“A lot of people strive to achieve their goals out of a ‘need’, ‘should’ and ‘want’ of space,” Karamchandani explains. “It almost gives the impression that if the goal is not reached their life will end. This “energy of desperation” puts unwanted pressure on them, which in turn impacts momentum, so that they are likely to give up. “

Why do resolutions fail?

Listing goals from a “need”, “should” or “want” perspective can exacerbate feelings of failure.  '

Resolutions often become a list of steadfast, one-dimensional promises we make – lose weight, get a raise, meet a partner – while the life goals most likely to be successful are those that are built over the years. , which makes them difficult to quantify as a list.

“Any change takes time,” Houry says. “Change is a process that must be respected: if we are not ready to eat healthy on December 31, nothing will change much on January 1 to make healthy eating much more achievable. What we need to be aware of is that our “psychological time” does not necessarily follow physical time. “

Houry adds, “Knowing this, rushing through the process can put us under pressure and set us up for failure. We may start to blame and criticize ourselves, which can impact our self-esteem. If this happens repeatedly, we will believe less in our will and the possibility of change. It can also cause us to abandon our goals or even lose hope.

An intrinsic problem with resolutions is that they are inherently self-critical. Commitments like losing weight, joining a gym, or getting a promotion are mired in the suggestion that we, as we are now, aren’t good enough. That if we could only sort out certain aspects of our lives, we would be happy. Such an approach to self-improvement leaves little room for nuance, such as considering our personal strengths or worth before attempting radical changes.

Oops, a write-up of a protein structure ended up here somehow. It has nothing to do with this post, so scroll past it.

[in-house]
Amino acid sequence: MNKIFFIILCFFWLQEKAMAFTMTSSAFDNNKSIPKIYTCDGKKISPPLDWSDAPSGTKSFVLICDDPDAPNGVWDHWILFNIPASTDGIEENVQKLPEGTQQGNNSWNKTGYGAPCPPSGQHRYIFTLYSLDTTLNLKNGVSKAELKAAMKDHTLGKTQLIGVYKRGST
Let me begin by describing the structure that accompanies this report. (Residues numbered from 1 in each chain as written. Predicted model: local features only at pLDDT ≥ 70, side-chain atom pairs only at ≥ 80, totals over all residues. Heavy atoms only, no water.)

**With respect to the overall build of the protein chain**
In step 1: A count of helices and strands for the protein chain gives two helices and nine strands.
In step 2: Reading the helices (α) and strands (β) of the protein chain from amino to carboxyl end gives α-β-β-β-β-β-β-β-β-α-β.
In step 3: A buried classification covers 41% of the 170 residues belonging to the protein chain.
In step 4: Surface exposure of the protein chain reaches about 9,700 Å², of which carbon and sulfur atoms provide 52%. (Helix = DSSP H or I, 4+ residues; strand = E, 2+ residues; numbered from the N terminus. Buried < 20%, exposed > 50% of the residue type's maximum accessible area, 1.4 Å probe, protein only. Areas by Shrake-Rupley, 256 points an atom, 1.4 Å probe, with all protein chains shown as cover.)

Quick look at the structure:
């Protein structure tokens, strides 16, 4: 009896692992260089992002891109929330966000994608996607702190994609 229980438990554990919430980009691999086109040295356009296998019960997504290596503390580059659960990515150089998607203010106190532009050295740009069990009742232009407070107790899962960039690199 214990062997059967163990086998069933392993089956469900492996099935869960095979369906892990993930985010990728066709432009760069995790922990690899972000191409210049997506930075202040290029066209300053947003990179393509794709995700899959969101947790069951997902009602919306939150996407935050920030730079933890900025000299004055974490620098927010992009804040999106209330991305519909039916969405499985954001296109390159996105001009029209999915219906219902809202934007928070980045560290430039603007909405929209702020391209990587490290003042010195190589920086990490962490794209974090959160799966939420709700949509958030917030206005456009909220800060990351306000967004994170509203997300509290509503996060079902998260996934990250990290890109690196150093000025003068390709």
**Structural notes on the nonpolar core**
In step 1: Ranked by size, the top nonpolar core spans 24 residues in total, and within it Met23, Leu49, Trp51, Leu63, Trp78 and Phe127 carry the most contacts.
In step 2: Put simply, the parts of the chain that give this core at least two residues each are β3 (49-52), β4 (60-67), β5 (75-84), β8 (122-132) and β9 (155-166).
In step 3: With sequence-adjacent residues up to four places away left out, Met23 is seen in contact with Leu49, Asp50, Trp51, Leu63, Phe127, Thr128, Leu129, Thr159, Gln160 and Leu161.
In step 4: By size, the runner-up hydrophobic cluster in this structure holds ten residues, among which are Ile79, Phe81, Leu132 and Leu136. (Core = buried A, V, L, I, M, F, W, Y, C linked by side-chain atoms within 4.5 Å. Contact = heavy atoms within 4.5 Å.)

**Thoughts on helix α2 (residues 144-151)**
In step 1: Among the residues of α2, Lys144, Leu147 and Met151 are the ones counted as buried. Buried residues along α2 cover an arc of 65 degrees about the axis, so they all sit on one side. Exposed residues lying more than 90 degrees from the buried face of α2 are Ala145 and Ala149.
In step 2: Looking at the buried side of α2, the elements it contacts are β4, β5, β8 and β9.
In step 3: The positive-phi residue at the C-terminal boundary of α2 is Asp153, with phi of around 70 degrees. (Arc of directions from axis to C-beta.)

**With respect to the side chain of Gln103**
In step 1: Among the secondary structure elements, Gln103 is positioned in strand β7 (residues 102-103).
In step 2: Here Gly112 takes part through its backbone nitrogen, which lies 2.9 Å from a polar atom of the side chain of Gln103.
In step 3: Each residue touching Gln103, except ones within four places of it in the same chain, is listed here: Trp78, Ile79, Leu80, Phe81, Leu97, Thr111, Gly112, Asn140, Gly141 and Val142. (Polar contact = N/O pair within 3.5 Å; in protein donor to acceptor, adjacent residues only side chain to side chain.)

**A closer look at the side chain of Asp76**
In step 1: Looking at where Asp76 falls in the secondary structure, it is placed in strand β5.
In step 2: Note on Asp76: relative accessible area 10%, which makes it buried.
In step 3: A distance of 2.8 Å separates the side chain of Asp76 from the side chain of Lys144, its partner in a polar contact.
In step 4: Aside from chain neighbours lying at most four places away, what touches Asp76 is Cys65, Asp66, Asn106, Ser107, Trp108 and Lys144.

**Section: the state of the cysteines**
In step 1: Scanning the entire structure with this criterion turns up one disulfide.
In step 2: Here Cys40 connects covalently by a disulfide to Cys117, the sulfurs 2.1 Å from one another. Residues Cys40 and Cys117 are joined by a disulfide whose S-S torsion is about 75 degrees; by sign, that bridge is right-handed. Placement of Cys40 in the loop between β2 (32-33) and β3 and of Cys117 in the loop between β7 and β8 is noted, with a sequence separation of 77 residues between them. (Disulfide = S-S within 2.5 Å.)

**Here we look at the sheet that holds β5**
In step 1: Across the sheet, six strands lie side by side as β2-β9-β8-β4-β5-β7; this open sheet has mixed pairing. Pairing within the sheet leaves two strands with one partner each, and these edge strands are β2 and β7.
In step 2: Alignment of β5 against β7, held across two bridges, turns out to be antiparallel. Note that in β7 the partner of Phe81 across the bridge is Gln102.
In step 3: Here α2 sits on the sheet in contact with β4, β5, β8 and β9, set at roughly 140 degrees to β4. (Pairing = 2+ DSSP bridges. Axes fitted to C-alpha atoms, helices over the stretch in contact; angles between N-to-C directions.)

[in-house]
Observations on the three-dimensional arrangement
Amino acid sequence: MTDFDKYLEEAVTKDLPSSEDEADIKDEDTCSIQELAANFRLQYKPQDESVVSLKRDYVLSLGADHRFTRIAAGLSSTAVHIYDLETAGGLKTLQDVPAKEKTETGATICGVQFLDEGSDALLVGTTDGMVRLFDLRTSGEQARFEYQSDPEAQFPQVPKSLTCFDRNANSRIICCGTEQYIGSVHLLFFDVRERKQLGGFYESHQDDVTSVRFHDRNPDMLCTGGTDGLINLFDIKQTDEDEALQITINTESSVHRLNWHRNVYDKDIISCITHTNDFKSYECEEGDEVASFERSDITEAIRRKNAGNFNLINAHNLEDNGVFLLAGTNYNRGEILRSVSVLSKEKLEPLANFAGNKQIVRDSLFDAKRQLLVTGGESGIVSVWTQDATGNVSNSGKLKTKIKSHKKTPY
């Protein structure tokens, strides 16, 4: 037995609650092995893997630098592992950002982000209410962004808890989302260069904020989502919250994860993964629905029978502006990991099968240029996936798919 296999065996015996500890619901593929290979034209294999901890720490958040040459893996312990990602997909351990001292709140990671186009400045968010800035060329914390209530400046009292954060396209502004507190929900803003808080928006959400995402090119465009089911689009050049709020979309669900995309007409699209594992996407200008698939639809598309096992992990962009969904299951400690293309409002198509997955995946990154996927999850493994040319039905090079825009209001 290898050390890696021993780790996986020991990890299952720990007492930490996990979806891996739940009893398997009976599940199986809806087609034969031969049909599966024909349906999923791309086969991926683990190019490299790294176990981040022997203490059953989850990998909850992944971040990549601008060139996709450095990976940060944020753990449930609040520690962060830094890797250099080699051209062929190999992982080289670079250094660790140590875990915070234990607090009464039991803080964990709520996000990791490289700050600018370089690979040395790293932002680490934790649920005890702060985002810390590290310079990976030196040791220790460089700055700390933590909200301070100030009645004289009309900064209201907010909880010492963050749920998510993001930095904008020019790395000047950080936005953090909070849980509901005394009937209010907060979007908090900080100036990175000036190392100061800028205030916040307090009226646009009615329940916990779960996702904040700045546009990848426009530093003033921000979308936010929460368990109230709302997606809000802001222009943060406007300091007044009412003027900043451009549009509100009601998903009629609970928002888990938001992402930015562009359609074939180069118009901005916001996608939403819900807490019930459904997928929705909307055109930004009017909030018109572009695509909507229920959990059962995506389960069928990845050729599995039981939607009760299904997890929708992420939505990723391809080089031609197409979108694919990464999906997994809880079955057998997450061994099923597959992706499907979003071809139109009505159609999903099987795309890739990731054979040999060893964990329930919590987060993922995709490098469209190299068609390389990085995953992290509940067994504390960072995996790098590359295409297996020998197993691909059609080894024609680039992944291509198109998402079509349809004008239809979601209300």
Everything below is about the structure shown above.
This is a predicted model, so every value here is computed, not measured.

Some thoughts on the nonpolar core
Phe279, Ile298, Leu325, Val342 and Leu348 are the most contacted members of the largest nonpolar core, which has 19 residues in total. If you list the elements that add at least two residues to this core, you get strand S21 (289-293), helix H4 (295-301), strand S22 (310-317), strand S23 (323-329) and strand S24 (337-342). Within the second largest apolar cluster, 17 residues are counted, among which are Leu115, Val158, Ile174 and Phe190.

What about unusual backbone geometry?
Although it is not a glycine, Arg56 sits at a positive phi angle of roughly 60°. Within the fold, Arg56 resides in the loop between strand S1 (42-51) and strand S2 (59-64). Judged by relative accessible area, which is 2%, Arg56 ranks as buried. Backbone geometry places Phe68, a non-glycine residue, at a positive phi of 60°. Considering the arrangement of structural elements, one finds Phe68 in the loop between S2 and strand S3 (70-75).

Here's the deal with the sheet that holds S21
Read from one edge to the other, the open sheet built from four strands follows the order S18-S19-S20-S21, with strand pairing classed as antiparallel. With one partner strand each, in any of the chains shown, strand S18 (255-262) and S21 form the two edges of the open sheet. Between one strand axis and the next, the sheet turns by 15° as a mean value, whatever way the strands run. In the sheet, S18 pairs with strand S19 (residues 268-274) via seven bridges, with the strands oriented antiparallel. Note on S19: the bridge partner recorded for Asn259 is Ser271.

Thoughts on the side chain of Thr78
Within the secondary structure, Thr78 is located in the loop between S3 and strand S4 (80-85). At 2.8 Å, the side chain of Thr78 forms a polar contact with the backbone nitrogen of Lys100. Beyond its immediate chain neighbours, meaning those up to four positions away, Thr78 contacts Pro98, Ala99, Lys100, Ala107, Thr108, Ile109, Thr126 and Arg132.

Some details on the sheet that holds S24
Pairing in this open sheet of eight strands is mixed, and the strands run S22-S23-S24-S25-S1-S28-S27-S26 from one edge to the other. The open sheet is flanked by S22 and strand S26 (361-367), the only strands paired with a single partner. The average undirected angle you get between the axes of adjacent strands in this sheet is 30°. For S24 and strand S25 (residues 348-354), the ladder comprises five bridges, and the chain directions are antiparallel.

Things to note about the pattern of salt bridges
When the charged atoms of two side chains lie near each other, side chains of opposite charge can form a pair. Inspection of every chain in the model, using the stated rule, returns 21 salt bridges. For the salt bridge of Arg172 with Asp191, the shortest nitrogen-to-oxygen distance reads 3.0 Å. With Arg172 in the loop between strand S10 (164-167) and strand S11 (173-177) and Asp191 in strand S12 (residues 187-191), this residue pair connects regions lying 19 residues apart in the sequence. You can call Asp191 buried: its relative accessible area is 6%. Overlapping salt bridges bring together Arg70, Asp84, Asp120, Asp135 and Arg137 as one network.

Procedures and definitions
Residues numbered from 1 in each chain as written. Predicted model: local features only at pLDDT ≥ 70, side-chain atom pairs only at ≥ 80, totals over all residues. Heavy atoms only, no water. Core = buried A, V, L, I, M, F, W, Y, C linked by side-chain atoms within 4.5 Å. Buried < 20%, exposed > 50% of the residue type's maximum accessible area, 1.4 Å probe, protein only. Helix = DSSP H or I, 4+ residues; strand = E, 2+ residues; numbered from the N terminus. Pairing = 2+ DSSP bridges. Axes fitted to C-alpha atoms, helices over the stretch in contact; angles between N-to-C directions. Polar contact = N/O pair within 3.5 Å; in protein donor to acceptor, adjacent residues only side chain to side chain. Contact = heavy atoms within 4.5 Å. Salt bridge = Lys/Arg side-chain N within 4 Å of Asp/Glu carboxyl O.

“For many of us, resolutions stem from a validation research space from others,” says Karamchandani. “It has virtually nothing to do with how we would like to feel at the end of the day or the year, or how it might contribute to our surroundings.”

Make resolutions during a pandemic

The uncertainty caused by the ongoing pandemic should not derail resolutions, although a degree of flexibility will benefit list writers.  Ian Schneider / Unsplash

As the global pandemic enters its third year, resolutions aren’t the only thing that has been relegated to the pile of “things that used to matter to us.”

“The pandemic has made us realize that anything can happen at any time. In other words, things can be unpredictable and what we have planned just can’t happen, ”says Houry.

The need for PCR testing, school closings and the novelty having faded from working from home – with so much uncertainty in the world, why do anything about it?

“The routine of working from home can make it difficult for many to build relationships with their peers and socialize,” says Jassal. “As a result, individuals are somewhat limited with their New Year’s resolutions and what they can accomplish this year in particular.”

The lasting appeal of making resolutions lies in their redemptive and whitening appeal. Making a list of all the things you’ll do better this year can help dispel the ghosts of the past year’s failures, allowing you to start the next 365 days with a clean slate.

“Let’s not take several resolutions at once, advises Houry. “Change is a difficult process that requires adjustments and can be tedious. “

“With unprecedented circumstances around us, where everything moves and changes at the speed of light, the resolution we must take is to be flexible and let go of resistance,” explains Karamchandani. “The start of the year or the start of your inner journey doesn’t have to start on January 1. You can start this journey at any time of the year. What matters is that you start.

Updated: January 10, 2022, 3:56 a.m.